Capital & Main’s Latest News Section.
As reported in a leading New York business paper, “the National Taxi Workers Alliance, which is not formally a union, is the first non-traditional labor organization to join the AFL-CIO since a farm workers group was chartered in the early 1960s.” This is exciting news for a few reasons: first, because it illustrates that labor leaders are thinking more creatively about how to reach hard-to-reach workers, and also because it shows how those organic worker organizations are getting formal institutional support. This is a good thing for both sides.
Beyond this, as the AFL-CIO blog entry describes, these are marginalized workers, workers who have historically been deprived of their legal rights because they have been misclassified as independent contractors. This is a problem we have seen again and again, and which we have visited before on the Frying Pan. As employers continue to push the envelope with these legal shenanigans,
What would cause 13 mostly 30- and 40-something electricians to come up with an event like the “Solidarity Sleepover” at Occupy LA? It all started with a text message. Howard Brown, adventurer, electrician and Occupy LA supporter wrote me, “would like 2 c mas union presence.” I had not been down to Occupy LA and before I put my name near it, I needed to do some recon to check it out. I had heard that it was this leaderless movement that really had no strong positions on anything because they could not get a consensus from the group. Being a lifelong Democrat, that sounded vaguely familiar. So down to City Hall I went with my good friend Gary in tow. I figured I needed some backup in case somebody tried to put a red Che Guevara beret on me when I wasn’t looking.
What Gary and I found instead were really cool,
I am particularly fond of Kenny Rogers’ song “The Gambler.” At a recent hearing for the Los Angeles City Council Ad Hoc Committee on Waste Reduction and Recycling, I kept thinking about this song as I heard many business groups and trade associations lobby against true reform of L.A.’s waste collection system.
The debate stems from how the City of L.A. should reform its system for dealing with waste at businesses and large apartment buildings. On one end, you have the Don’t Waste L.A. coalition, to which I belong through the Natural Resources Defense Council. It is a broad coalition of environmental, community, faith-based, economic justice and labor groups, advocating for a comprehensive solution to dealing with L.A.’s waste woes, instead of kicking the can down the road. You can read more about the coalition’s positions here and here. On the other hand, some business lobbying groups and trade associations are advocating for a system that keeps the status quo in place.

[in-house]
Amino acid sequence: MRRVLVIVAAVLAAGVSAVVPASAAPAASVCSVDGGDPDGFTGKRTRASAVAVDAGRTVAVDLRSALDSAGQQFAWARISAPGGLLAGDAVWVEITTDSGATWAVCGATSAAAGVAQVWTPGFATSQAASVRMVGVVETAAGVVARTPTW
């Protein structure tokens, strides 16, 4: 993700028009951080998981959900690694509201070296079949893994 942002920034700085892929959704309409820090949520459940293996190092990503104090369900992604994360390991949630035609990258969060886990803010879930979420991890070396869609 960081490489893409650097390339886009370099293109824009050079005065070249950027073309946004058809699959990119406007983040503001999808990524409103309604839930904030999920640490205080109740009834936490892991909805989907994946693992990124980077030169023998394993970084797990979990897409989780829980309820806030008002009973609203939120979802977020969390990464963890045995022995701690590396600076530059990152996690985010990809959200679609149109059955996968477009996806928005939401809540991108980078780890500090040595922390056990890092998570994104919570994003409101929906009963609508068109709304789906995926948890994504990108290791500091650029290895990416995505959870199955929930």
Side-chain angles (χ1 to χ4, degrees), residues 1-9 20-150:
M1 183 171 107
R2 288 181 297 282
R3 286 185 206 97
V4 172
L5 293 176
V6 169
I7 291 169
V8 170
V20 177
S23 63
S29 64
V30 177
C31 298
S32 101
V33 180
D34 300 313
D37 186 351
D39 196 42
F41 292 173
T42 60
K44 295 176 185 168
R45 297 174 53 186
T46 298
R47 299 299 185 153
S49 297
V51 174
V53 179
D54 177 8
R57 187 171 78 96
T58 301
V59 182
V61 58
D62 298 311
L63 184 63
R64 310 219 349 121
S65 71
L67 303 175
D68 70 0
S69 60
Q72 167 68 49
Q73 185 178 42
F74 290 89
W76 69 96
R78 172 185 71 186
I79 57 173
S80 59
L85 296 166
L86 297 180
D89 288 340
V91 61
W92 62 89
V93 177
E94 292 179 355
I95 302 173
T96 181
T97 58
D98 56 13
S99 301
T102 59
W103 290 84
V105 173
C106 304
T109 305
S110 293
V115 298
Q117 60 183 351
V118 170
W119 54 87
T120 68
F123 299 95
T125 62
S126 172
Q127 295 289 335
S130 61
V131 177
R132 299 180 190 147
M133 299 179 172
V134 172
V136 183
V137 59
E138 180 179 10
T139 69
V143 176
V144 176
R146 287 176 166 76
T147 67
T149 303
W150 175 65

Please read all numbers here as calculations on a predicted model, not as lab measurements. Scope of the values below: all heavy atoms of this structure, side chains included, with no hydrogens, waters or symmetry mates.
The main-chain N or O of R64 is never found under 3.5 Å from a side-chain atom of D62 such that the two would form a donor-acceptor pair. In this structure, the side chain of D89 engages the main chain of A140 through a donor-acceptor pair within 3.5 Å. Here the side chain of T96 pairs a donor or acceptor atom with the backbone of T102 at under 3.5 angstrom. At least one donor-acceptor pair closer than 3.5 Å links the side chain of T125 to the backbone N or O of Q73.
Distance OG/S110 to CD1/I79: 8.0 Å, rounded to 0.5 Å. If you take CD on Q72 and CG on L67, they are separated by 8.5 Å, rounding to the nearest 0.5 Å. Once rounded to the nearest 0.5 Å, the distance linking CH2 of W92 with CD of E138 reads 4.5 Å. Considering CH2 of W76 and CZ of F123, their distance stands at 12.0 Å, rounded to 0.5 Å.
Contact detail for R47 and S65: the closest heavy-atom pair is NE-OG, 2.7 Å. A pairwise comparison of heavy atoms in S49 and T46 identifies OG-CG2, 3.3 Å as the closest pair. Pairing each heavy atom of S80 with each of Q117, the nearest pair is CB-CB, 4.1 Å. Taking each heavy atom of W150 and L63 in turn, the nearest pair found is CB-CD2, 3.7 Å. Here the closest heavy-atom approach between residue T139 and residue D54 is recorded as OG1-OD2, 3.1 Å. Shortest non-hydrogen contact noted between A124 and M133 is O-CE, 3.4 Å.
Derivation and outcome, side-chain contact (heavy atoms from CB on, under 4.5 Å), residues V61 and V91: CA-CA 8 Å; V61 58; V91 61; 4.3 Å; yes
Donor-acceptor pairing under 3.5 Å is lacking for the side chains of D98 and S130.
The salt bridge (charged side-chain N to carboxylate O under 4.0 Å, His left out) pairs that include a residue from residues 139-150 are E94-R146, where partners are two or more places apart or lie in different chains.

The great journalist Lincoln Steffens visited the USSR shortly after the Russian Revolution and infamously declared that he had “seen the future and it works.” My wife Mickey and I recently returned from a touristic trip to Norway, Sweden and Denmark. Most of our time was spent in typically touristic ways, but inescapably (and with help from our excellent tour guides) we got a taste of policy and politics in the current Scandinavian way. What we learned makes me want to say that we saw one future that seems to be working.
Norway is still responding to the horrifying July 22 terrorist massacre—but Norwegians are likely to say, as did Prime Minister Jens Stoltenberg: “You will not destroy our democracy or our commitment to a better world. We are a small but proud nation . . . but no one will ever frighten us away from being Norway . . . the answer to violence is even more democracy,
The L.A. Times had two interesting pieces on college football this last season. The second (don’t worry, I’ll get to the first), is an editorial calling on the NCAA to reform the sport by improving conditions for the so-called amateurs who generate millions of dollars every Saturday.
The piece calls for some sensible and straight-forward steps, largely echoing the basic demands of the National College Players Association, a project sponsored by the United Steelworkers.
Its heart, however, comes from a fantastic piece in The Atlantic by Taylor Branch, best known for his trilogy of books about the civil rights movement; if you haven’t read them, your life is incomplete. That gives him a certain moral authority in describing what he calls “The Shame of College Sports.” Go read this piece. It’s long, but worth it.
Okay, it’s long,